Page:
“It was like a huge crit where you were constantly accelerating out of corners – and it certainly wasn’t a course where you could hide.”

What’s the plan for 2014?

“I’m a criterium rider so the Tour Series and Elite Criterium Series are priority and I’ll ride the Premiers in a team role – but I do want to do well in the Rutland.

“That’s a terrific race; I had two punctures at bad places on off road sections last year but I’d really like to get a result this year.”

David Lines
The Starley Primal team for 2014.

How’s the Scottish Calendar looking?

“As normal, the same old, same old; it’s very hard to find enough races if you’re an elite category rider – it means a lot of travel down south to race.”

Have you been riding the track much?

“Not as much as I’d like – I went down for the British Championships but that was a bit of a nightmare. I’ve been winning at the Glasgow Track League but I’d like to be part of the Scottish Cycling training sessions.

“I rode the track at the Commonwealth Games in Delhi, points and scratch and did a job for Evan Oliphant.

“The thing about training for the track is that you have to spend time training specifically for it – before Delhi we were doing five hours each day on the track in Holland and it’s amazing how your speed comes on with work like that.”

You’re obviously looking to get selected again – road or track?

“I’d prefer the track but would love to go for both. The road selection criteria is pretty tough, though; top five in a British national event – the top 40 guys in the UK are all full time and away riding things like the Tour of the Med as we speak.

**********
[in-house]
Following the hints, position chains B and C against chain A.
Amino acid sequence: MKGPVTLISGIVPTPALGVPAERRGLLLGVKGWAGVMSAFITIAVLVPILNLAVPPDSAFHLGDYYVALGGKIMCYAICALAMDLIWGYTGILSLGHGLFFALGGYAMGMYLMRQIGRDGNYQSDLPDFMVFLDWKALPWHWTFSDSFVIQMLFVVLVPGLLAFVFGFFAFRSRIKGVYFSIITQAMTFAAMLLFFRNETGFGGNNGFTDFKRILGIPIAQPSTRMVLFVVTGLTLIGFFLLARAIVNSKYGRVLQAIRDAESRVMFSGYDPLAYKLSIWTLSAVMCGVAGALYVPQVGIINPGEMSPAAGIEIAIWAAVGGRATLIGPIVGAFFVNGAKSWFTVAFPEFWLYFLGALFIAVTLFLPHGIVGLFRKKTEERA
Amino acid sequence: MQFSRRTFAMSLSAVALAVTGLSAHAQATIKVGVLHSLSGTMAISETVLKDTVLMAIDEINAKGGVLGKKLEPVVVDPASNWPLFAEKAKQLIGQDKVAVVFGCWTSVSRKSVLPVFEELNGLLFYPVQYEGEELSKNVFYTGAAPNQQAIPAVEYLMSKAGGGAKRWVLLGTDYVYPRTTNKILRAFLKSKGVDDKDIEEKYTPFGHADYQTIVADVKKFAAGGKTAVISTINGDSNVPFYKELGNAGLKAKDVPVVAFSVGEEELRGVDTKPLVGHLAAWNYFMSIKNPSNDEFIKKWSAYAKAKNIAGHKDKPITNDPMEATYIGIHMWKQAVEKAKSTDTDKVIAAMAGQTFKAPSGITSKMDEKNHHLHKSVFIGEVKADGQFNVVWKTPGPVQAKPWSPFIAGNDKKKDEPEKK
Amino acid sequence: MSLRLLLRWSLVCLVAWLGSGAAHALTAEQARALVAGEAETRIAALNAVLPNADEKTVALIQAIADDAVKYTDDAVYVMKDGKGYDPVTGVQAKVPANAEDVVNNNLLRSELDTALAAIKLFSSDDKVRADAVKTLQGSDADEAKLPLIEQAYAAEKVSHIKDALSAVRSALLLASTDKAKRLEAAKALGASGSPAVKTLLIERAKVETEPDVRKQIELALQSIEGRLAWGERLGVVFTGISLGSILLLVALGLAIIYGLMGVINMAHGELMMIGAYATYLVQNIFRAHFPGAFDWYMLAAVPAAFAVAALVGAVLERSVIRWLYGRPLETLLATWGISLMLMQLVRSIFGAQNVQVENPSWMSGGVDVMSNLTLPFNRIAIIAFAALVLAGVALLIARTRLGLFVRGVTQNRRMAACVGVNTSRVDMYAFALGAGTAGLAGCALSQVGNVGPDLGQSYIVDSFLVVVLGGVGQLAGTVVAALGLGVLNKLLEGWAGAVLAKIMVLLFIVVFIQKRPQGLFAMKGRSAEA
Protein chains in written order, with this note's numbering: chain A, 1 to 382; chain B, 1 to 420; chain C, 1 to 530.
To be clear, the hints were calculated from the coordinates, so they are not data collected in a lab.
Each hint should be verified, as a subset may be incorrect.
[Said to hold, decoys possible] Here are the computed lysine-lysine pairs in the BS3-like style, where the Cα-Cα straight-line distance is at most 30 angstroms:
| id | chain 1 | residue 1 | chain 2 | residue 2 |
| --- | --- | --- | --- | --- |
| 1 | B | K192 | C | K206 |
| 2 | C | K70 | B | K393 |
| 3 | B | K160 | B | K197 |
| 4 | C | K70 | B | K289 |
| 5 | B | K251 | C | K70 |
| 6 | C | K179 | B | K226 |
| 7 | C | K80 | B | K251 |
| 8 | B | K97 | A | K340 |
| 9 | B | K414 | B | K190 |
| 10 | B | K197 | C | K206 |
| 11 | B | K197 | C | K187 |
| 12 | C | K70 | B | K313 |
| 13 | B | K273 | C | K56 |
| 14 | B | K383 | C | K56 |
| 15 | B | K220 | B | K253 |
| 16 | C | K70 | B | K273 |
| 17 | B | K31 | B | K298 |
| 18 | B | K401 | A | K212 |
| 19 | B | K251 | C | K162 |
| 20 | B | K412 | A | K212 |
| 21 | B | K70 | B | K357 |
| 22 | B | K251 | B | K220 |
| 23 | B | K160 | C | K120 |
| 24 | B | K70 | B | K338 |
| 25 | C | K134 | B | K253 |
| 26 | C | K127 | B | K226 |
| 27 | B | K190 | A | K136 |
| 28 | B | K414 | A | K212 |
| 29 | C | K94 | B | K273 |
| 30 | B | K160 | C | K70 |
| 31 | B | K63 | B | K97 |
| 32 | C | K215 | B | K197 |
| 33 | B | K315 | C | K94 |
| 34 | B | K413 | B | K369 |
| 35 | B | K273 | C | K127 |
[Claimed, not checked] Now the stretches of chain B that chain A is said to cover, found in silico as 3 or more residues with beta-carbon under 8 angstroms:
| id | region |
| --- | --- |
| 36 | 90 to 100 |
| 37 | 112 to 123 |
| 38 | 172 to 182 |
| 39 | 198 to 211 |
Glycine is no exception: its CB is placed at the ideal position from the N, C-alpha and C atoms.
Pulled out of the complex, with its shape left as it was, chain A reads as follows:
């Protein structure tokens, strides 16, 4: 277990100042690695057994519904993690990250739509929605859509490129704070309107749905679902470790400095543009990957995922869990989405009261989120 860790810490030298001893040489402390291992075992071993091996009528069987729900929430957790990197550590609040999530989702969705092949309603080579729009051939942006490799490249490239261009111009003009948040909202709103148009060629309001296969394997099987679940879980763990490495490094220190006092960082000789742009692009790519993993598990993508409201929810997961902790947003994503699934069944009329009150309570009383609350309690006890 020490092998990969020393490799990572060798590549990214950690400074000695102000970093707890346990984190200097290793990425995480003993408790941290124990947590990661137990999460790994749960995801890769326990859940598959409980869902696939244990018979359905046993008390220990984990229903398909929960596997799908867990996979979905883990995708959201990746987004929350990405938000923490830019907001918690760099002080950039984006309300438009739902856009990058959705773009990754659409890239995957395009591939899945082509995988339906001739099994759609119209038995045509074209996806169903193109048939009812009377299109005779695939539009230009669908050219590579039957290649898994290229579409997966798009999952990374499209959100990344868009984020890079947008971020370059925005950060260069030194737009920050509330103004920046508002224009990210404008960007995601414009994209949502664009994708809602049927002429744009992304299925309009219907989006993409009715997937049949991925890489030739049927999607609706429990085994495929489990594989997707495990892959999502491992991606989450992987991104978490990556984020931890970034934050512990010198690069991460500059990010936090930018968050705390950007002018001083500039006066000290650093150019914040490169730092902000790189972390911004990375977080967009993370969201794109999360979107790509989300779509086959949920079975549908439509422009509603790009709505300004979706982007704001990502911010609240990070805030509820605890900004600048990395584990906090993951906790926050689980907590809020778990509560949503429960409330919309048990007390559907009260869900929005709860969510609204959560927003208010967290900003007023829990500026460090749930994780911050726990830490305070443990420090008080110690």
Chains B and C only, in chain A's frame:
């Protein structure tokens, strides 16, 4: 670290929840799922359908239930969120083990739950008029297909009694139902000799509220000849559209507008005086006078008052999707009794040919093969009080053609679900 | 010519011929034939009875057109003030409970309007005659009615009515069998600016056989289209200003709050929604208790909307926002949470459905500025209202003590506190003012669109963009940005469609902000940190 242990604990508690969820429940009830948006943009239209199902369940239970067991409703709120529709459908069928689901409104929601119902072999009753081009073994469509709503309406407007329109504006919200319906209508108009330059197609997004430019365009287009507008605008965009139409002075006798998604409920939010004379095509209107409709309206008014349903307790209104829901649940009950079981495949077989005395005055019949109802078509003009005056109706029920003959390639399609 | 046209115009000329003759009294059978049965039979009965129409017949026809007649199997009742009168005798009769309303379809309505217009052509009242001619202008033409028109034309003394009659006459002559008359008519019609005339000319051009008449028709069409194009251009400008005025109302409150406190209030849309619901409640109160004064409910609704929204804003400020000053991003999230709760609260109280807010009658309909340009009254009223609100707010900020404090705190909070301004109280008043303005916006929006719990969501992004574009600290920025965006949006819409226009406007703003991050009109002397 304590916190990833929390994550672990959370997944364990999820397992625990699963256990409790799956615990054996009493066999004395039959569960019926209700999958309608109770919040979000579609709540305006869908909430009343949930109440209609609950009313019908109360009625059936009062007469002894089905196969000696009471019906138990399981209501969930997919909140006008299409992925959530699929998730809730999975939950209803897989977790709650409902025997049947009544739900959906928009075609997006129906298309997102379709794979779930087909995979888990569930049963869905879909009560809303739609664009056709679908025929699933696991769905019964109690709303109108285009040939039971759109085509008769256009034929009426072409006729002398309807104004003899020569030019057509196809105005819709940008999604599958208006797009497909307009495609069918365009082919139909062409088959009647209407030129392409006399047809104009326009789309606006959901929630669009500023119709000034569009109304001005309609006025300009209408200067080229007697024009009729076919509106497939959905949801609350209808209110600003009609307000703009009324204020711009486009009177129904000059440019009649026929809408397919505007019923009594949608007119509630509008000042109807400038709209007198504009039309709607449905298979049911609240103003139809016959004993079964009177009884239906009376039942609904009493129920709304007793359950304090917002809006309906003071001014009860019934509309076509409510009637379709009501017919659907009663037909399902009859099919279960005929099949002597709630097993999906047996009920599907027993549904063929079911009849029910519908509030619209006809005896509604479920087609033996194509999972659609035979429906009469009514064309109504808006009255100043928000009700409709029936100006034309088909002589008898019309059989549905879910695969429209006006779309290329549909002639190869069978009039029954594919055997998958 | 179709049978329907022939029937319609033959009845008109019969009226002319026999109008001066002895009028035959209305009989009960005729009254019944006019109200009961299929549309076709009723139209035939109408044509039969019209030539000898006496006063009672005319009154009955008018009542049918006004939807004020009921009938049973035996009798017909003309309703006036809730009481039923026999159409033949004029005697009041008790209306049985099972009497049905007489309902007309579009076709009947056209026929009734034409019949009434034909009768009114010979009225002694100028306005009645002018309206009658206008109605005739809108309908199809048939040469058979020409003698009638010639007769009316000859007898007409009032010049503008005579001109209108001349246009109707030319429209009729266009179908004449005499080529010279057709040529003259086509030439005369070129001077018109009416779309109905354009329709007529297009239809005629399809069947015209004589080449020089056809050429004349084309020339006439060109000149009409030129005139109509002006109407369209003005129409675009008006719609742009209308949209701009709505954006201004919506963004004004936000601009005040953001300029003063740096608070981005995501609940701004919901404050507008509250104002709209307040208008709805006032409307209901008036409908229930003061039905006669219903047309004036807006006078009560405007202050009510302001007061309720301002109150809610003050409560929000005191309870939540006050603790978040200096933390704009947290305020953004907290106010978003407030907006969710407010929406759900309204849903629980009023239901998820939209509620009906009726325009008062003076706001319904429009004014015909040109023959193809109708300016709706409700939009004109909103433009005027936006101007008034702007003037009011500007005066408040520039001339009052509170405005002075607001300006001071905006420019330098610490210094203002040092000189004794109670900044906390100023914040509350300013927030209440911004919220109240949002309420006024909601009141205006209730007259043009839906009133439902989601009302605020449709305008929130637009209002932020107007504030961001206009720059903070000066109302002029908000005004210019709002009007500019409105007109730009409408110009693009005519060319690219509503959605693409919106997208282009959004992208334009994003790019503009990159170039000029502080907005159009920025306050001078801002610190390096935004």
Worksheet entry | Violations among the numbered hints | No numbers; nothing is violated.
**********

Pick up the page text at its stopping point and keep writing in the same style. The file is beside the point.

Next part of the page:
“For the track you have to be top five in a British national event or get UCI points. The new timed criteria is that you have to do a sub 1.7 kilometre, roll round for eight laps, do 500 metres inside 31 seconds, another eight laps respite then another kilometre inside 1.7.

“I’m going to email Scottish Cycling and see if I can get a chance to join the programme; I’ve applied every year and have been refused – but that just makes you try all the harder.”

David Lines
Davie enjoys mixing his racing, Road, Track, ‘Cross, and TT. Photo©Martin Williamson

2014 is about…?

“Going to the Games would be awesome – and I want to focus on the Tour Crit Series. It’s the backbone of the UK scene with all the TV coverage it gets.

“I’ll play my team role in the Premiers, even though they don’t really suit me and I’d like a good result in the Rutland and Scottish Road Race Championship.

“And I’d like to ride that cyclocross World Cup in Milton Keynes.

“I was training in Lanzarote two weeks ago and have another camp in March but I guess I can’t have too many more years like this with all the racing and travelling.

“I’m 36 so it’s coming to a stage where I’ll have to calm down!”

Ed Hood
Ed's been involved in cycling for over 45 years. In that time he's been a successful time triallist, team manager, and sponsor of several teams and clubs. He's also a respected and successful coach, and during the winter months can often be found working in the cabins at the Six Days. Ed remains a massive fan of the sport and couples his extensive contacts with an inexhaustable enthusiasm for the minutiae and the history of our sport.